Power-generating soccer ball fails dismally

A power-generating soccer ball designed to provide electricity for disadvantaged children and endorsed by Barack Obama has been revealed to be faulty.

(Credit: Uncharted Play)

A power-generating soccer ball designed to provide electricity for disadvantaged children and endorsed by Barack Obama has been revealed to be faulty.

The Soccket looked like a great idea. In just half an hour of being kicked around, creator Uncharted Play said the soccer ball could generate enough electricity to power an LED lamp for three hours, and the aim was to send it to disadvantaged families in North and South America. It generated US$92,296 in funding on Kickstarter and was endorsed by Bill Clinton and Barack Obama.

The balls themselves were sent out in Mexico just over a year ago, but — as discovered by reporter Jennifer Collins for charity investigation website PRI's The World — the balls themselves fell far short of expectations.

Travelling to Cuetzalan in Mexico, Collins interviewed 10 families who had received a Soccket ball. Of those 10, eight of the balls had broken from within a few days to a few months, and became discoloured and ragged very quickly, rather than lasting the promised three years.

Kickstarter backers were likewise disappointed, reporting misshapen balls, rapid wear and tear, usability issues (it "doesn't really work as a ball or a light" according to one user), lack of response from Uncharted Play, and, of course, the balls breaking.

Uncharted Play co-founder Jessica Matthews addressed the issues in a Kickstarter update. "Currently, we are working closely with our overseas vendors and manufacturing partners to improve the durability of the ball, producing a product that is able to withstand the rigours of regular recreational play," she said. "We expect to have our new product ready to begin shipping within two-three weeks' time. We know that is a long time to wait when some you have already been patiently waiting for many weeks...Every effort is being made to make the highest quality product for your enjoyment, and we are sorry that is taking longer than we expected."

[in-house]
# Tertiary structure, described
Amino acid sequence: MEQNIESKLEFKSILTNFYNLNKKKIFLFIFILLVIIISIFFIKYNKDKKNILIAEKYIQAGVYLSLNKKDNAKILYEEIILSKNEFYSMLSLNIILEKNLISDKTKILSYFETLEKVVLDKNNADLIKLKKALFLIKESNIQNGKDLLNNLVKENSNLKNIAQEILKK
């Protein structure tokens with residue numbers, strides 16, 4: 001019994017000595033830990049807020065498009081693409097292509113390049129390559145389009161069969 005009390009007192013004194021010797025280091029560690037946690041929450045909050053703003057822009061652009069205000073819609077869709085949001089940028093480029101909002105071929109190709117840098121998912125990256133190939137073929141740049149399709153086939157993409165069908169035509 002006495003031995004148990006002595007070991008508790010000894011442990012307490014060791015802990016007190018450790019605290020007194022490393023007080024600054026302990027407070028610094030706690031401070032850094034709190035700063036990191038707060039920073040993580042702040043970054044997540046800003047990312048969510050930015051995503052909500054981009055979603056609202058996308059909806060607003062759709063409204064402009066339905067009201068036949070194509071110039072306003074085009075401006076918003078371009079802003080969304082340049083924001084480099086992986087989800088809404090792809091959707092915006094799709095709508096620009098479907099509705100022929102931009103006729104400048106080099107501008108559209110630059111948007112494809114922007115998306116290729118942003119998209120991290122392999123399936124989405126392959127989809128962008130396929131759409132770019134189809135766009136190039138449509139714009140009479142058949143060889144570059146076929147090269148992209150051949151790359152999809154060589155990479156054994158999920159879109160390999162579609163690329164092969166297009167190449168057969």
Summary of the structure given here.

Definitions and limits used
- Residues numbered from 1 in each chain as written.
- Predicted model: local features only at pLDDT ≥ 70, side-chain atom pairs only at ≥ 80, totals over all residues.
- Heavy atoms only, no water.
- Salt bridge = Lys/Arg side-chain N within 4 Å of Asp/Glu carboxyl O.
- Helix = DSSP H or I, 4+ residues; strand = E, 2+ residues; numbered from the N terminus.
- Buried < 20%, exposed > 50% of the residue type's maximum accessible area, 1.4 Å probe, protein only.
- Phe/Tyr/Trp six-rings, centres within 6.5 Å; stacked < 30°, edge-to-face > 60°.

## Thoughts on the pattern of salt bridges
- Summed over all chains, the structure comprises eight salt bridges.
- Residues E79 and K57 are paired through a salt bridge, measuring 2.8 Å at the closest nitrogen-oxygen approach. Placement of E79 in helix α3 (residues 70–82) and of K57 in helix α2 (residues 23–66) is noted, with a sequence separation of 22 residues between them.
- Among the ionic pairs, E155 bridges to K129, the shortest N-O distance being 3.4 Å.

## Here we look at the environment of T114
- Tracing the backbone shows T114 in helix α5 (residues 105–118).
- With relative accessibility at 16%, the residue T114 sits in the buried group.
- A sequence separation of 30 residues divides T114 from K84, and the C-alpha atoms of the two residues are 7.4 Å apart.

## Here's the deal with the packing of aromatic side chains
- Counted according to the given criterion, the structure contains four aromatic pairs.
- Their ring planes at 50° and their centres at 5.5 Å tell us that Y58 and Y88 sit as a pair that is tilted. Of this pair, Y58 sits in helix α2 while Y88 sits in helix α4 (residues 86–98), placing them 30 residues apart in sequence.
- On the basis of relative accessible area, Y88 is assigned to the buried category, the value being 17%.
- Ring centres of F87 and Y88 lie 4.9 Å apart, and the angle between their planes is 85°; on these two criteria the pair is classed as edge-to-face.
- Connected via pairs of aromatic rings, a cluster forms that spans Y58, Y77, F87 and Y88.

Whether this will extend to the families in Mexico whose Soccket balls were not up to standard remains to be seen. A representative only told Collins that Uncharted Play's plans to continue distributing 50,000 balls worldwide annually remained unchanged.

Via www.tinyspark.org

Tags:
About the author

Michelle Starr is the tiger force at the core of all things. She also writes about cool stuff and apps as CNET Australia's Crave editor. But mostly the tiger force thing.

 

Join the discussion

Conversation powered by Livefyre

Don't Miss
Hot Products
Trending on CNET

HOT ON CNET

Looking for a home-security system?

Here's an easy and affordable DIY video-monitoring solution.